10 Must-Do Things for New Visitors of Jakarta’s Chinatown

WHENEVER I visit a certain destination for at least a week, part of my itinerary is Chinatown. There’s something about it that I feel connected to.

Just like most Filipinos, I am a mix of all races that colonized and resided in our country. My paternal grandmother was Spanish and my paternal grandfather was half-Chinese. Because he was a cook, he dominated the kitchen where I was introduced to Chinese cuisine in early childhood. It has become a major part of my taste bud.

I love Chinese opera, even though I do not understand it (when there are no subtitiles). I love the actors’ graceful movements and the sing-song tones had so much soul in them! How about the cinema (esp. the critically-acclaimed ones that were filmed by Zhang Yimou, Chen Kaige, War-Kang-Wai, Ang Lee, etc.)- I follow the film critics’ review of the best Chinese films and make sure my husband (also a fan of Chinese films) & I watch them. The stories behind the books written by Amy Tan and Anchee Min resonate to me as if I was one of the characters in them.

The terrorist bombing in Jakarta’s city center the week before I arrived was an unfortunate incident. However, it didn’t discourage me from trying what locals in Jakarta do and Chinatown is top of my list. Because there’s only a small percentage of Jakartans who can speak English, I planned on getting a tour guide for my first solo sojourn of the city. I found Jakarta Good Guide that listed Chinatown (Glodok) as one of  the 6 routes in their “Pay-As-You-Wish Walking Tours.” It means, “you are free to tip the guide as much (or as little) as you wish, depending on your satisfaction towards his service.”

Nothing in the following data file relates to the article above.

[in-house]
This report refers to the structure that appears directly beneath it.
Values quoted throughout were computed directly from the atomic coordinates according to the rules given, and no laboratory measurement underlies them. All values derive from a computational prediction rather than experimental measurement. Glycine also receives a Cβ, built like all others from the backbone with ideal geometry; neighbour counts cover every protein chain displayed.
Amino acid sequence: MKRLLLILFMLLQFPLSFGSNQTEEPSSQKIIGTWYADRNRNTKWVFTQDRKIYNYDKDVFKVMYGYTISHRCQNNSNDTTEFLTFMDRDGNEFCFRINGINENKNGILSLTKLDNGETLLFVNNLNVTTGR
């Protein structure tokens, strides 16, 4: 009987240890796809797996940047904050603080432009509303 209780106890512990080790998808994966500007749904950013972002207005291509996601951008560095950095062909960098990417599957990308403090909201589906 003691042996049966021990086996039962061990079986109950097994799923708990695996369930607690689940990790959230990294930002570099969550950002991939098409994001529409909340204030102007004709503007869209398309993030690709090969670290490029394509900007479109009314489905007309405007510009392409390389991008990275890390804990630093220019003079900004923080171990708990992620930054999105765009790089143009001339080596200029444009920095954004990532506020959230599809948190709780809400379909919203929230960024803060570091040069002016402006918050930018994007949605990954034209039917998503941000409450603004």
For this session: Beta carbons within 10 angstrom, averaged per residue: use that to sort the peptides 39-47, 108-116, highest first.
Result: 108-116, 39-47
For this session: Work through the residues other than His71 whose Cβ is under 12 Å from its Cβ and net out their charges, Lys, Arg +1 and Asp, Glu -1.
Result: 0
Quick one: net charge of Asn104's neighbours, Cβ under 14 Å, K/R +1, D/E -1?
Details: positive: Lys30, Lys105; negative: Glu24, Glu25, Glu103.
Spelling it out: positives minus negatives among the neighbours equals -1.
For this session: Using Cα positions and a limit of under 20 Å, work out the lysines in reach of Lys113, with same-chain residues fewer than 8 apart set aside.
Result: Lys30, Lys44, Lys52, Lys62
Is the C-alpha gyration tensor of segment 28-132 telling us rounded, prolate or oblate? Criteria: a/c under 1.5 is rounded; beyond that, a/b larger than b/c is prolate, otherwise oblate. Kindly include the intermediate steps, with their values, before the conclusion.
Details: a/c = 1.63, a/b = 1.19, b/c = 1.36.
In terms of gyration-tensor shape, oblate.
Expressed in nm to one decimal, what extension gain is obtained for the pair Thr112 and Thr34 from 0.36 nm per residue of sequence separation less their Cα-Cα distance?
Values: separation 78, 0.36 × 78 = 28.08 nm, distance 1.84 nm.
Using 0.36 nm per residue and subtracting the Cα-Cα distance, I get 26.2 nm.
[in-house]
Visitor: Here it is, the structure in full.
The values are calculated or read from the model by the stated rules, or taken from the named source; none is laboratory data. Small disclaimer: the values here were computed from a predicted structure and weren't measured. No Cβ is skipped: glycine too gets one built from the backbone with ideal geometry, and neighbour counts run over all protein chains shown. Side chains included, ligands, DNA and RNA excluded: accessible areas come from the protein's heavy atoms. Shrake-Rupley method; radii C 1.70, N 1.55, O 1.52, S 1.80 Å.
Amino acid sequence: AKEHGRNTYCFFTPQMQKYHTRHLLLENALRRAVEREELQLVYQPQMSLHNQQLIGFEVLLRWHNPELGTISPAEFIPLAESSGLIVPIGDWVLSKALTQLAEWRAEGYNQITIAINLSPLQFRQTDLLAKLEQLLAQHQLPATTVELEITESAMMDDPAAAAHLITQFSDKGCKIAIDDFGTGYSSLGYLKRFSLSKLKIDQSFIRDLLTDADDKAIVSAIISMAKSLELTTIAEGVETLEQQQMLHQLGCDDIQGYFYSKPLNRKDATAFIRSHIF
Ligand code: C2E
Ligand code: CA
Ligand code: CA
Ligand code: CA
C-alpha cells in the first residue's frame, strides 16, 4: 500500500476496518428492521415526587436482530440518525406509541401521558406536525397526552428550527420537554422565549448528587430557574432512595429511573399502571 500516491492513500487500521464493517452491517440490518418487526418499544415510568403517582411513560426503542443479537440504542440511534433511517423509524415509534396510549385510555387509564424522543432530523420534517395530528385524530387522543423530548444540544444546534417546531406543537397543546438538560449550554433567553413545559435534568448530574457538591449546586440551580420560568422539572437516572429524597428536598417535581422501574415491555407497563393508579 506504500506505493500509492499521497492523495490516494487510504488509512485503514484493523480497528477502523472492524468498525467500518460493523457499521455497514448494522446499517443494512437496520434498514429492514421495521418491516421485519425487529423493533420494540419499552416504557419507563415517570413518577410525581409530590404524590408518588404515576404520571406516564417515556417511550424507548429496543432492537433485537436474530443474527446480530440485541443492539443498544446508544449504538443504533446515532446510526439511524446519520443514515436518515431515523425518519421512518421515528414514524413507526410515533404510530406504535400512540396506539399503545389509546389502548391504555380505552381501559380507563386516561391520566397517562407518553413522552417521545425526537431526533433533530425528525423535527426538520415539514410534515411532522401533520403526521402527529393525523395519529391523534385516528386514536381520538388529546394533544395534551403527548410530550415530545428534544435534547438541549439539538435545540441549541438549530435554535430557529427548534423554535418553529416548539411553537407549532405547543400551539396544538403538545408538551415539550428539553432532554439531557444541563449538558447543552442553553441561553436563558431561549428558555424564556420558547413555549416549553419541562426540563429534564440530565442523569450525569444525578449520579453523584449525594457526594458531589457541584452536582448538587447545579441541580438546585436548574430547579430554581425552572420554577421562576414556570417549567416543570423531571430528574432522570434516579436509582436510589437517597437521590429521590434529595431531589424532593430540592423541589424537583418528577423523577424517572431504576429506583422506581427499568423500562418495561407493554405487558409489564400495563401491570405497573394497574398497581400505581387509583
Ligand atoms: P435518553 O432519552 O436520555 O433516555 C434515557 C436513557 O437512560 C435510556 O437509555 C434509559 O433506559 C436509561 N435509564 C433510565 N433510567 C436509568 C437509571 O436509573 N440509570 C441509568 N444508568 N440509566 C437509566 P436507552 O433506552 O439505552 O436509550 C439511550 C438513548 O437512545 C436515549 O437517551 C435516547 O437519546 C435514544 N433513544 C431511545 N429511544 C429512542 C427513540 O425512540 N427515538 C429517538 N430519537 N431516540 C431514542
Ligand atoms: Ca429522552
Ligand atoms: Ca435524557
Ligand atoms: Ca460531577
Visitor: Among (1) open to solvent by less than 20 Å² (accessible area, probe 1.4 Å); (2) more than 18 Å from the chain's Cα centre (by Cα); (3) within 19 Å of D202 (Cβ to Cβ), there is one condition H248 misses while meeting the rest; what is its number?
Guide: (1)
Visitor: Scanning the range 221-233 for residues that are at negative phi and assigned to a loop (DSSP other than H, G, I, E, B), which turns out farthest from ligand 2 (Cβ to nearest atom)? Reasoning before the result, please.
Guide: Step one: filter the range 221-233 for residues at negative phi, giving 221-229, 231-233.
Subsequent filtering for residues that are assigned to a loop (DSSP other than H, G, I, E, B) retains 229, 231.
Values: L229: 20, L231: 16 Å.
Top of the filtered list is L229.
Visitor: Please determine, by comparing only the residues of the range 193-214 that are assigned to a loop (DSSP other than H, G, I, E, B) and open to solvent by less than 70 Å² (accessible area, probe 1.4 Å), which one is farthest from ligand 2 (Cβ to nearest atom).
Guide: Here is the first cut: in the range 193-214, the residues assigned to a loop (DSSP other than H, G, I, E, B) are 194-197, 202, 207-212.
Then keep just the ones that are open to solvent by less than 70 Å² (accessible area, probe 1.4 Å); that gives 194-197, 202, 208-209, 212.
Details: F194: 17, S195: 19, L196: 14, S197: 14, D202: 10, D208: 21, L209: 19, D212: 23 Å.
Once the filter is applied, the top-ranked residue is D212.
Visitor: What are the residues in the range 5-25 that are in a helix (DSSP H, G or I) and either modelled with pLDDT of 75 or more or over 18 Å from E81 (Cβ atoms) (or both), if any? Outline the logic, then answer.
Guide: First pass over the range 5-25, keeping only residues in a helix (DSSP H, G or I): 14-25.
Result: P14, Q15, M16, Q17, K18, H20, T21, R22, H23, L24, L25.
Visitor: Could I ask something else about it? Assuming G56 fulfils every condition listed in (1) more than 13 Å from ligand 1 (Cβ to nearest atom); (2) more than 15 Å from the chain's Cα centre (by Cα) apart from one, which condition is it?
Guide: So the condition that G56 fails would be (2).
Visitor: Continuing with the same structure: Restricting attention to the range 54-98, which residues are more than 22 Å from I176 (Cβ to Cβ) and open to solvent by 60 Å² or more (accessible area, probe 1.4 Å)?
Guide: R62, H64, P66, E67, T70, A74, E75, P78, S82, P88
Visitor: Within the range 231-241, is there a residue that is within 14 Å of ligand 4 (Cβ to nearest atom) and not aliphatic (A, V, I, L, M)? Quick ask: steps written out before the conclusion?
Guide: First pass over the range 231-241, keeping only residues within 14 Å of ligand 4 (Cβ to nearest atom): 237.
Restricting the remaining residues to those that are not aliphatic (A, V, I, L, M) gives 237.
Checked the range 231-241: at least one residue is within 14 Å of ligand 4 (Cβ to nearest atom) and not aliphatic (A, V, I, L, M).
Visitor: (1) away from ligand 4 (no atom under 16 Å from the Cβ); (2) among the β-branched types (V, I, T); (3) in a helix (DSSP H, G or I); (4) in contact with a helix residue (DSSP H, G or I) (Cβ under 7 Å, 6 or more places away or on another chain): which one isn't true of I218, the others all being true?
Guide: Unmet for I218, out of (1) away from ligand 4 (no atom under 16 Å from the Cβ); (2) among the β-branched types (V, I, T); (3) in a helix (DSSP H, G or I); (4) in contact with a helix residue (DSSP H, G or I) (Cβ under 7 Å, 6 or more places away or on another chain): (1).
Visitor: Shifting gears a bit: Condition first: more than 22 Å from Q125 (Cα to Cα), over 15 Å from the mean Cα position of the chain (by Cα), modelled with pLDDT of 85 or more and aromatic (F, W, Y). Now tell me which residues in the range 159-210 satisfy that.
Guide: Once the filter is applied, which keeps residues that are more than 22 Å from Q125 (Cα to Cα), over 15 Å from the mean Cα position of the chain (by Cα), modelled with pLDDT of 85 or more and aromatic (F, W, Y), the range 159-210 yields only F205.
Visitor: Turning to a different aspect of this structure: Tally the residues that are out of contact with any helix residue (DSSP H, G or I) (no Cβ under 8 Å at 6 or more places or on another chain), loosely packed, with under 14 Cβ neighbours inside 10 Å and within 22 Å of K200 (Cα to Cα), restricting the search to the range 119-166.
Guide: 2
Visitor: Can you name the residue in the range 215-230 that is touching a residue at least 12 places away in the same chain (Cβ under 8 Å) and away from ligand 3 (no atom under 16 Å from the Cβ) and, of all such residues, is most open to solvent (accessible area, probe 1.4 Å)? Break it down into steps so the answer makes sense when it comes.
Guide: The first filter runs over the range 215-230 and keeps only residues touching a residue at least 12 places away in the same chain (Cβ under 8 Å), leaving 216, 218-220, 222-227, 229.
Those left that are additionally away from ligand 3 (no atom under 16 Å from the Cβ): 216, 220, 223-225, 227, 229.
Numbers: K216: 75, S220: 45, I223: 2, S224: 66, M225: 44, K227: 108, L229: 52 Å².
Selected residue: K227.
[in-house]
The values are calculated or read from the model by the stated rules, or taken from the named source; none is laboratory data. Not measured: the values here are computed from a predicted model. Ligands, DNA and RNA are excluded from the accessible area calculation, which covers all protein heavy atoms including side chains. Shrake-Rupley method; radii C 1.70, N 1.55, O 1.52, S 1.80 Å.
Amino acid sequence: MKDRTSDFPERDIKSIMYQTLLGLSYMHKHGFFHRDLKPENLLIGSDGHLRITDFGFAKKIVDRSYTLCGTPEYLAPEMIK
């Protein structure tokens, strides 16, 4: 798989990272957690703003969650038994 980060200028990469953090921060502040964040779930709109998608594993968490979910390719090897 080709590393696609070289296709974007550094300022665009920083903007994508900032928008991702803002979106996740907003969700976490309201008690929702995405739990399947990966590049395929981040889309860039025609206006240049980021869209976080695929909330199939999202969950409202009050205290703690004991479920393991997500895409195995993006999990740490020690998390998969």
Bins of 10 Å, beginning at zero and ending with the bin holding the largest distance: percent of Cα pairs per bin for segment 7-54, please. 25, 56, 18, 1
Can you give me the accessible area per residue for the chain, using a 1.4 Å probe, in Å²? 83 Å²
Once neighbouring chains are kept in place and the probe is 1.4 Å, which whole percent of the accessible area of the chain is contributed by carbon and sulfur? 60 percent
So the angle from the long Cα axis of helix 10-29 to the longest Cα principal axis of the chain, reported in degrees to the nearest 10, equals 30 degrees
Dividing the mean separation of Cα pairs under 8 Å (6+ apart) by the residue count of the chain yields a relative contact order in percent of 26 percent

I liked it that they said that.

So on this sunny Tuesday (February 23, 2016), I met with 2 other tour group mates, Francois of France, Novie of Bogor, and our remarkable tour guide, Indra, who made it possible for us to enjoy our short tour. I am glad I didn’t listen to the bad reviews. I believe that the Law of Attraction may be at work here! 

We met at 9 am at 7-11 at the Novotel Hotel in Jalan Gajah Mada where Indra gave us a briefing of the itinerary for the half-day tour. Candra Naya is located just behind the hotel and we started there.

Glodok tour starts @ Candra Naya


So here are the 10 Things You Shouldn’t Miss When Visiting Glodok for the 1st Time:


1. Begin with a quick stroll of the historic Candra Naya. Check the structures where the 1st Chinese immigrants lived.

We walked a few meters and passed Glodok Plaza, a mall where all sorts of electronics, computers, gifts, antiques, and other novelty items are sold. However, we chose not to get inside and proceeded to Petak Sembilan traditional market, where our real fun began.

2. Walk the Petak Sembilan traditional street market where meats, vegetables, fruits, fish- in all their freshness, are sold. You will also find Chinese snacks and traditional medicine.

Entrance to the traditional market is festive even on a weekday, esp. when Chinese New Year has just been celebrated the previous week.